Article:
Seven Stars of the Fall Harvest
BY JESSICA PRENTICE
Jessica Prentice, Maggie Gosselin, and Sarah Klein created the Local Foods Wheel to help us all enjoy the freshest, tastiest, and most ecologically sound food choices month by month. Here are seven of Jessica’s fall favorites. You can learn more about the Local Foods Wheel and the group’s other ventures at www.localfoodswheel.com .
It’s easy to take carrots for granted. Raw or cooked, they are so common in our daily fare that many of us eat at least a bite of one most days without even thinking about it. But it was a carrot that provided one of my earliest eye-opening food experiences. It happened when I was a teenager traveling with my family in France. We bought some carrots at a Paris market to include in a picnic lunch at Versailles. I bit into one of them and thought, “This is a carrot? But it’s juicy, it’s sweet, it’s delicate, it’s light!” It was like the most delicious apple. Nothing at all like the woody, dense, bitter carrots I ate throughout my childhood. I still eat plenty of tasteless carrots, but every so often a good, organic farmers’ market carrot brings that memory flooding back: a reminder that not every carrot is just a carrot. Sometimes a carrot can be as memorable as an exotic meal or a great glass of wine.
One of the great pleasures of the harvest season is finding whole ears of dried popcorn at the market. When I see them, I think of the 3,000-year-old kernels of popped and unpopped corn that archeologists found in 1948 in a cave in New Mexico, and picture those ancient humans sitting around the fire telling stories and eating popcorn. When dropped into hot oil after all those years, the unpopped kernels still popped! Popcorn is a completely natural snack, and one I enjoy without compunction. At home we pop it in ghee, then drizzle it generously with melted butter and sprinkle with sea salt. When we’re feeling extravagant, we pop it in duck fat and sprinkle with truffle salt.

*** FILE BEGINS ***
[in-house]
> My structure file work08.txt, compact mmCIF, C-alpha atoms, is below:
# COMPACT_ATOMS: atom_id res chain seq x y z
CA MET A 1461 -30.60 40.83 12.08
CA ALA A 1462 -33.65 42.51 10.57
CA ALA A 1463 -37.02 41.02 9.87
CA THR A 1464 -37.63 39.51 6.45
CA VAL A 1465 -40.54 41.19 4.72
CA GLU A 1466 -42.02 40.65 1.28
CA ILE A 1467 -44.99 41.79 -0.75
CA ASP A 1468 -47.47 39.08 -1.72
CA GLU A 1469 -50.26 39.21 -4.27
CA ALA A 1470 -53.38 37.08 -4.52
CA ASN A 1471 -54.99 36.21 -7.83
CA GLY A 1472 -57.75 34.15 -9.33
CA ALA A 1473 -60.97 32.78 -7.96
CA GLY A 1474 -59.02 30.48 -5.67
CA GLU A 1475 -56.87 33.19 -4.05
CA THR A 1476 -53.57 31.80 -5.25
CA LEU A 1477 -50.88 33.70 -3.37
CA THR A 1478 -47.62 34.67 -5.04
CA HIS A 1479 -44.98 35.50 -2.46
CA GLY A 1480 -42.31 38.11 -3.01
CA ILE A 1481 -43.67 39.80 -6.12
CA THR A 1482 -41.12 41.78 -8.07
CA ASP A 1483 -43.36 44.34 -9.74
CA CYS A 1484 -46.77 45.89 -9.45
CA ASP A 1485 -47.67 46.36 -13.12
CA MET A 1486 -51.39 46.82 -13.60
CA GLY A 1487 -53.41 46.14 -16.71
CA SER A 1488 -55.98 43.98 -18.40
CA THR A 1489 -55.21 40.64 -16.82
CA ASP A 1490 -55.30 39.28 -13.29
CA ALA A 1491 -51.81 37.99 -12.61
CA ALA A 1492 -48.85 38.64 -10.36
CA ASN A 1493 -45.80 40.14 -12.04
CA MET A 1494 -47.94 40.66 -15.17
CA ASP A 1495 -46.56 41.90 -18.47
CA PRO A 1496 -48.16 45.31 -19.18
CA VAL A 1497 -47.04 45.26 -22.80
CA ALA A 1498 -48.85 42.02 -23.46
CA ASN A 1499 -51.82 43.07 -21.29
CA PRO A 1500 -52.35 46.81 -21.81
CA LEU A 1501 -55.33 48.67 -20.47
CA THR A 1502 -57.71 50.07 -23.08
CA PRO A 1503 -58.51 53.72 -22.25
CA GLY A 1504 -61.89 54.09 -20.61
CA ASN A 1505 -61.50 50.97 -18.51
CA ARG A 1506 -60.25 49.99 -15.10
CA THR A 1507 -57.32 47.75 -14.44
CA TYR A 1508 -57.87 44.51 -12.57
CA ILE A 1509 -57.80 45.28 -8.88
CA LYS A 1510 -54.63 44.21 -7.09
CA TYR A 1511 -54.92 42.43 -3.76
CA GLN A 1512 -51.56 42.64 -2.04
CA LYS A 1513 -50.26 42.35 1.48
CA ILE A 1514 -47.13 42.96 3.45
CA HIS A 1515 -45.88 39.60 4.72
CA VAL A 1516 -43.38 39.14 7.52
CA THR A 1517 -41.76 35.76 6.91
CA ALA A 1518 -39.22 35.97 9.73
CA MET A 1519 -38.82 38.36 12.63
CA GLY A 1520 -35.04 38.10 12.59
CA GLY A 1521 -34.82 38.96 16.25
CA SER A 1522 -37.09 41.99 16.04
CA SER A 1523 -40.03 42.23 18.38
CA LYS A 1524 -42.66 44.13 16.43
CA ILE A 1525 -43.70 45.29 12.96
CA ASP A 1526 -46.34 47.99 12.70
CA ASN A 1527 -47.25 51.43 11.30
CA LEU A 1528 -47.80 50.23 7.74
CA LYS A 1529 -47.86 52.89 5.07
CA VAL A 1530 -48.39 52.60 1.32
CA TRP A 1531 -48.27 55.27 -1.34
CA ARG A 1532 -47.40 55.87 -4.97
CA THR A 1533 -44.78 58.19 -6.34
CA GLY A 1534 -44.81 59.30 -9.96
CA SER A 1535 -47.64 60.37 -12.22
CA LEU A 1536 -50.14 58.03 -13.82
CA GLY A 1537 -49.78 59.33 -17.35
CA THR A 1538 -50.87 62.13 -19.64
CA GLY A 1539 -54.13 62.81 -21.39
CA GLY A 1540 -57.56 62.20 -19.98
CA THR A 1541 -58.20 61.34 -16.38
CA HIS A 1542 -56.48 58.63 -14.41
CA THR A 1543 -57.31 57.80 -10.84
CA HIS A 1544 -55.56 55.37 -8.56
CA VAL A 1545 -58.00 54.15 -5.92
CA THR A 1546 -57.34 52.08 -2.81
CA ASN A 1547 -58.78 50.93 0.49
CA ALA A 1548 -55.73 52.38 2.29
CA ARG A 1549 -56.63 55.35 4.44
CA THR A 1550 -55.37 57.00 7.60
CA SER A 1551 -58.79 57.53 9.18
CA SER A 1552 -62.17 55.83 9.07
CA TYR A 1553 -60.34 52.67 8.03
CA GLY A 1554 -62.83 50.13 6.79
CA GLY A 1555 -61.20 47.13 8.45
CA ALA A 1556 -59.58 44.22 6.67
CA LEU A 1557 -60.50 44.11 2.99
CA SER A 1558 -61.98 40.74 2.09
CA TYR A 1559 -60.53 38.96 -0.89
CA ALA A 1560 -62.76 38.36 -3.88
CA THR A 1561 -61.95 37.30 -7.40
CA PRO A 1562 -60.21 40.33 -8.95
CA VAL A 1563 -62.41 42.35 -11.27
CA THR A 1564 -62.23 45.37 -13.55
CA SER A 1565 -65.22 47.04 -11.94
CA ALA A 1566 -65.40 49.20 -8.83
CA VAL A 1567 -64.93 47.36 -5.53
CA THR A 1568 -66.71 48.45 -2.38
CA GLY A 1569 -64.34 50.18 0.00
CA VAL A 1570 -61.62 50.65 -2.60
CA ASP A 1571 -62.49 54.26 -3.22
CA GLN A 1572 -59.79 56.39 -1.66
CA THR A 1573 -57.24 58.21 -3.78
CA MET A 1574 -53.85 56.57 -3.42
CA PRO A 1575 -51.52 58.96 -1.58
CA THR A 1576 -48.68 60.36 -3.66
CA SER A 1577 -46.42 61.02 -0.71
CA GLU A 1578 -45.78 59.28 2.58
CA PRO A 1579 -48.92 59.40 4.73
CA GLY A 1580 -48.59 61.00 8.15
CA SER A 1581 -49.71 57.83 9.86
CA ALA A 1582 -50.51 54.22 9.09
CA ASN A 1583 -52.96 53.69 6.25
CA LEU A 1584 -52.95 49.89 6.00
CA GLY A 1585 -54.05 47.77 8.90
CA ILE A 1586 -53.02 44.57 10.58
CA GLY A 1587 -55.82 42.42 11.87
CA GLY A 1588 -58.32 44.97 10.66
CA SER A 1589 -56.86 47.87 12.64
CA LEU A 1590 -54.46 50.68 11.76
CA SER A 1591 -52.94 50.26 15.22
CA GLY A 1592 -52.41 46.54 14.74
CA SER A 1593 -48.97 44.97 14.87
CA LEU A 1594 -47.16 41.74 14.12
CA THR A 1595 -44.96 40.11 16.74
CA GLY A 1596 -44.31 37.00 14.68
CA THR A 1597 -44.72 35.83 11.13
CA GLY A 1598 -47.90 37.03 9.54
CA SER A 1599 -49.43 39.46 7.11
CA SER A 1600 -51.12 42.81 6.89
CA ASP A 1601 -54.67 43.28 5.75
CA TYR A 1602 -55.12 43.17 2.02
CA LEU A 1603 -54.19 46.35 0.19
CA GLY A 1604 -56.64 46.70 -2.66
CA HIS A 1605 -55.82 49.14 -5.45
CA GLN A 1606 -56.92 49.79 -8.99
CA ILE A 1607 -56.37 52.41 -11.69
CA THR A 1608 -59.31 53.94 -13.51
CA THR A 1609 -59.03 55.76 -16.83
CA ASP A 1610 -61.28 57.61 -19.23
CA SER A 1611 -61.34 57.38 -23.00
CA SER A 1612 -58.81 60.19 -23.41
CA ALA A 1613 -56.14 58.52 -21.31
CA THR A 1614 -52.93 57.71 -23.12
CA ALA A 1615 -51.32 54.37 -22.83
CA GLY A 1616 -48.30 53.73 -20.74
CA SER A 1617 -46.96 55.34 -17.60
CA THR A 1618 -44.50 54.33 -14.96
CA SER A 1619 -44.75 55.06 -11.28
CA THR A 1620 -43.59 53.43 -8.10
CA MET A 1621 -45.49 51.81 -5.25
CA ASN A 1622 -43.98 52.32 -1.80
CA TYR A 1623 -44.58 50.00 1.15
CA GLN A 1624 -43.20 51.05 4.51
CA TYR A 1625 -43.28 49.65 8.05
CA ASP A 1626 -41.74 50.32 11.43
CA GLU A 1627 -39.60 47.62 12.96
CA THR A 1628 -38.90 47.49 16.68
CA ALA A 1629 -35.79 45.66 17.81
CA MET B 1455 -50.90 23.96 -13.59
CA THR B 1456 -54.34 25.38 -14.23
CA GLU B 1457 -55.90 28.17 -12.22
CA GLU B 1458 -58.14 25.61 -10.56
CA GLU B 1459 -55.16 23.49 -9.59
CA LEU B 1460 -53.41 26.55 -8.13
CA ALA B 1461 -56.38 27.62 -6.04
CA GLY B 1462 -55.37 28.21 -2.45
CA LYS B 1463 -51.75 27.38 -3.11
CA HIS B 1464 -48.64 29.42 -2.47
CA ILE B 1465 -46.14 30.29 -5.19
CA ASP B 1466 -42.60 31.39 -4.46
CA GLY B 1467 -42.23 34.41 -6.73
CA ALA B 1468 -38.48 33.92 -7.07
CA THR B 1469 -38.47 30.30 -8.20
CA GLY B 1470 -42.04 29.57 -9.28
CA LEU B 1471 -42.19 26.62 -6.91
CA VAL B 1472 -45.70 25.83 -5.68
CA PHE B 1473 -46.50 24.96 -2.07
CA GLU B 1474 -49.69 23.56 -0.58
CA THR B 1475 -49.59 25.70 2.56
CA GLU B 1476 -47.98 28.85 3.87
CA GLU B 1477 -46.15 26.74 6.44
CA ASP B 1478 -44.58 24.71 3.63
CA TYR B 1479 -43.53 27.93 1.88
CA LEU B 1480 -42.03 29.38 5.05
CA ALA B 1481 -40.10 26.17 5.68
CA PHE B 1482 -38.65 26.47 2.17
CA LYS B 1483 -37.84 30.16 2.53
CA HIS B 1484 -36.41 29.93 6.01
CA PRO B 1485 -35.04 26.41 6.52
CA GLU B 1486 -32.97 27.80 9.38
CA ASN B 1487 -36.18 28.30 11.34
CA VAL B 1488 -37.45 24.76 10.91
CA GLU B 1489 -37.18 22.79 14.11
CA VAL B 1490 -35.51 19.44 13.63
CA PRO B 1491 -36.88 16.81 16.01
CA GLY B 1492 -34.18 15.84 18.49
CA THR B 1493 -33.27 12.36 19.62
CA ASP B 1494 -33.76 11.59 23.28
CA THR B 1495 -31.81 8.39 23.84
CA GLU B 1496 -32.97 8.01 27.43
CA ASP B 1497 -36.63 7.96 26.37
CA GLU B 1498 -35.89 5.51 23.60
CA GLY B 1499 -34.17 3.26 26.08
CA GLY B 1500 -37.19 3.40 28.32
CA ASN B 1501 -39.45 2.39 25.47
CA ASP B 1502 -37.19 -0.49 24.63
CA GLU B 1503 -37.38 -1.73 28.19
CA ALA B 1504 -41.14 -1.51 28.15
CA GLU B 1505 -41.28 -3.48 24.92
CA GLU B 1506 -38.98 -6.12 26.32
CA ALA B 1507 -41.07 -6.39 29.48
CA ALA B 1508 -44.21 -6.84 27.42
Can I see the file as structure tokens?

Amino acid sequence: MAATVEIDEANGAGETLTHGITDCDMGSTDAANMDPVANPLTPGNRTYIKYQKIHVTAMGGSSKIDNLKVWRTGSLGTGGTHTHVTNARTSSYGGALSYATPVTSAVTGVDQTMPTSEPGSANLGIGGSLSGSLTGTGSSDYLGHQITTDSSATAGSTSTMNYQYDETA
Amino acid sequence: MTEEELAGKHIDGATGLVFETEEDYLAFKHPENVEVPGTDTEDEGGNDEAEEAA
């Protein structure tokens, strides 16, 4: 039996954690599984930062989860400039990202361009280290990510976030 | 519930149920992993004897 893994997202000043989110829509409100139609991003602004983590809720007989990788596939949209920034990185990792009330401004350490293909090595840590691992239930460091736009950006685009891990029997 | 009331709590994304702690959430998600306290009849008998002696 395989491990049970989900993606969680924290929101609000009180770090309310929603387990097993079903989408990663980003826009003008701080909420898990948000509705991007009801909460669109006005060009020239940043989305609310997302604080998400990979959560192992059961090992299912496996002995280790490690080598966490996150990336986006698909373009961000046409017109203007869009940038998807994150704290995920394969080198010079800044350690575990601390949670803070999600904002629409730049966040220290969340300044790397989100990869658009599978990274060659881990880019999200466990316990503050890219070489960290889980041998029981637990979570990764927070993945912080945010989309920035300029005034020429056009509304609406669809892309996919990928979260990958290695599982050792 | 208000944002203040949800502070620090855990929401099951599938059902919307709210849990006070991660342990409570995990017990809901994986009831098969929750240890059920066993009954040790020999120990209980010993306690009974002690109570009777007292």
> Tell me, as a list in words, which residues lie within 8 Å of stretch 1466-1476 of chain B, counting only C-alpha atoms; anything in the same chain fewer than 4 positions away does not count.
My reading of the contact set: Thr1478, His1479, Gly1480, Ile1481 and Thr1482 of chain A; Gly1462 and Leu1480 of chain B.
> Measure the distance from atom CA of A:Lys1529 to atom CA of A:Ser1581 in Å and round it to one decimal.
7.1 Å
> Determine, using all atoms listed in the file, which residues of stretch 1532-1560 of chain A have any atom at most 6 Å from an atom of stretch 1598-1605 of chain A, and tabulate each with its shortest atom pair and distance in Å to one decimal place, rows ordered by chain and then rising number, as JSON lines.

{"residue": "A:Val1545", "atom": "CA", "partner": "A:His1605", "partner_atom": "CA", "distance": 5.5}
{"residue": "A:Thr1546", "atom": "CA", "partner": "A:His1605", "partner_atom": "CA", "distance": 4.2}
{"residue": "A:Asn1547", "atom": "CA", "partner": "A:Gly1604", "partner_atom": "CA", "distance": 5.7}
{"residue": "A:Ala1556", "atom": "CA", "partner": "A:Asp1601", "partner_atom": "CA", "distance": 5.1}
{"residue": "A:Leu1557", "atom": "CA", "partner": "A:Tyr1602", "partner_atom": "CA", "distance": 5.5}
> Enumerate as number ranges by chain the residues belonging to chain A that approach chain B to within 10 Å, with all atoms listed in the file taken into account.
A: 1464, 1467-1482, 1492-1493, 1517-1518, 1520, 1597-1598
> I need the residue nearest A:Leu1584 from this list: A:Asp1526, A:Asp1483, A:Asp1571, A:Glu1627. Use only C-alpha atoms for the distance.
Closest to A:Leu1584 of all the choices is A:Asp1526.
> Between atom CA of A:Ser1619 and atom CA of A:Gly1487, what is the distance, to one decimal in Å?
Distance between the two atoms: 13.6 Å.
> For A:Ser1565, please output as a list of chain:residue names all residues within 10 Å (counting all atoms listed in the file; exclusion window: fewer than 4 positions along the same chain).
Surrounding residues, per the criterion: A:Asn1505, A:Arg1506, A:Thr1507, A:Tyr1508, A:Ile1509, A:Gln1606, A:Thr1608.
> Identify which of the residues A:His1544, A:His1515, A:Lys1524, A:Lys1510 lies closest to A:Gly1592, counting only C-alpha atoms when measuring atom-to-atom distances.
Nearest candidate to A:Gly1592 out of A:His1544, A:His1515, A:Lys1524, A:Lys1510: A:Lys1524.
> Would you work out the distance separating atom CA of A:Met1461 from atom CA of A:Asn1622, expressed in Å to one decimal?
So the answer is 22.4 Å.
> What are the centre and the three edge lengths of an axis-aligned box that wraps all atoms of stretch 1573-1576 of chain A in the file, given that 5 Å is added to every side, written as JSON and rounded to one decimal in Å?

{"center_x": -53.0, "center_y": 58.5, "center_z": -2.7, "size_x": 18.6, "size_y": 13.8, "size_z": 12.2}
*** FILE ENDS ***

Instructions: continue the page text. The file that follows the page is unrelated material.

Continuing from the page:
Olive trees thrive here in our Mediterranean climate, and fall is the season to harvest fresh olives for curing. Anyone who has ever tasted an olive straight off the tree knows why curing is necessary. Soaking these incredibly bitter and acrid fruits in a series of brines draws out the glucosides and renders something that was once completely inedible into a delicious treat. It does this slowly, successively, in many briny iterations over the course of about a year, giving you lots of chances to taste the progression. After you are done you’ll understand why fresh olives cost about $1 a pound and cured ones cost around $10. All that sea salt! All that time! All that care and monitoring. Maybe you’ll be hooked and want to do it every year. Maybe once will be enough. But either way you’ll have a newfound appreciation for the delicious gift of the well-cured olive.
The season for hook-and-line-caught California halibut lasts from spring until late fall, and the fishery is currently well managed and sustainable. This fish is not a true halibut, but a very large flounder, and like many other flat fish, begins life with an eye on either side of its head. By the time the fish matures, it has both eyes on one side. The low fat content of California halibut means the flesh should be handled gently and not overcooked. Try using it for ceviche or add it at the last minute to a broth-based soup, letting the meat just barely cook through. The bones, on the other hand, are perfect for making long-simmered broth, and preferable to those of a fattier fish, which can oxidize in the long cooking process. There is a saying in Spanish that “fish broth can raise the dead” and I can see why, since I find fish broth to be one of the most nourishing foods around. Make the broth by putting the bones in a stainless steel pot, pouring in filtered water just to cover, adding a bay leaf and a splash of white wine vinegar, and barely simmering (covered) for an hour or two. Strain the broth and use for a soup, chowder, stew, or sauce.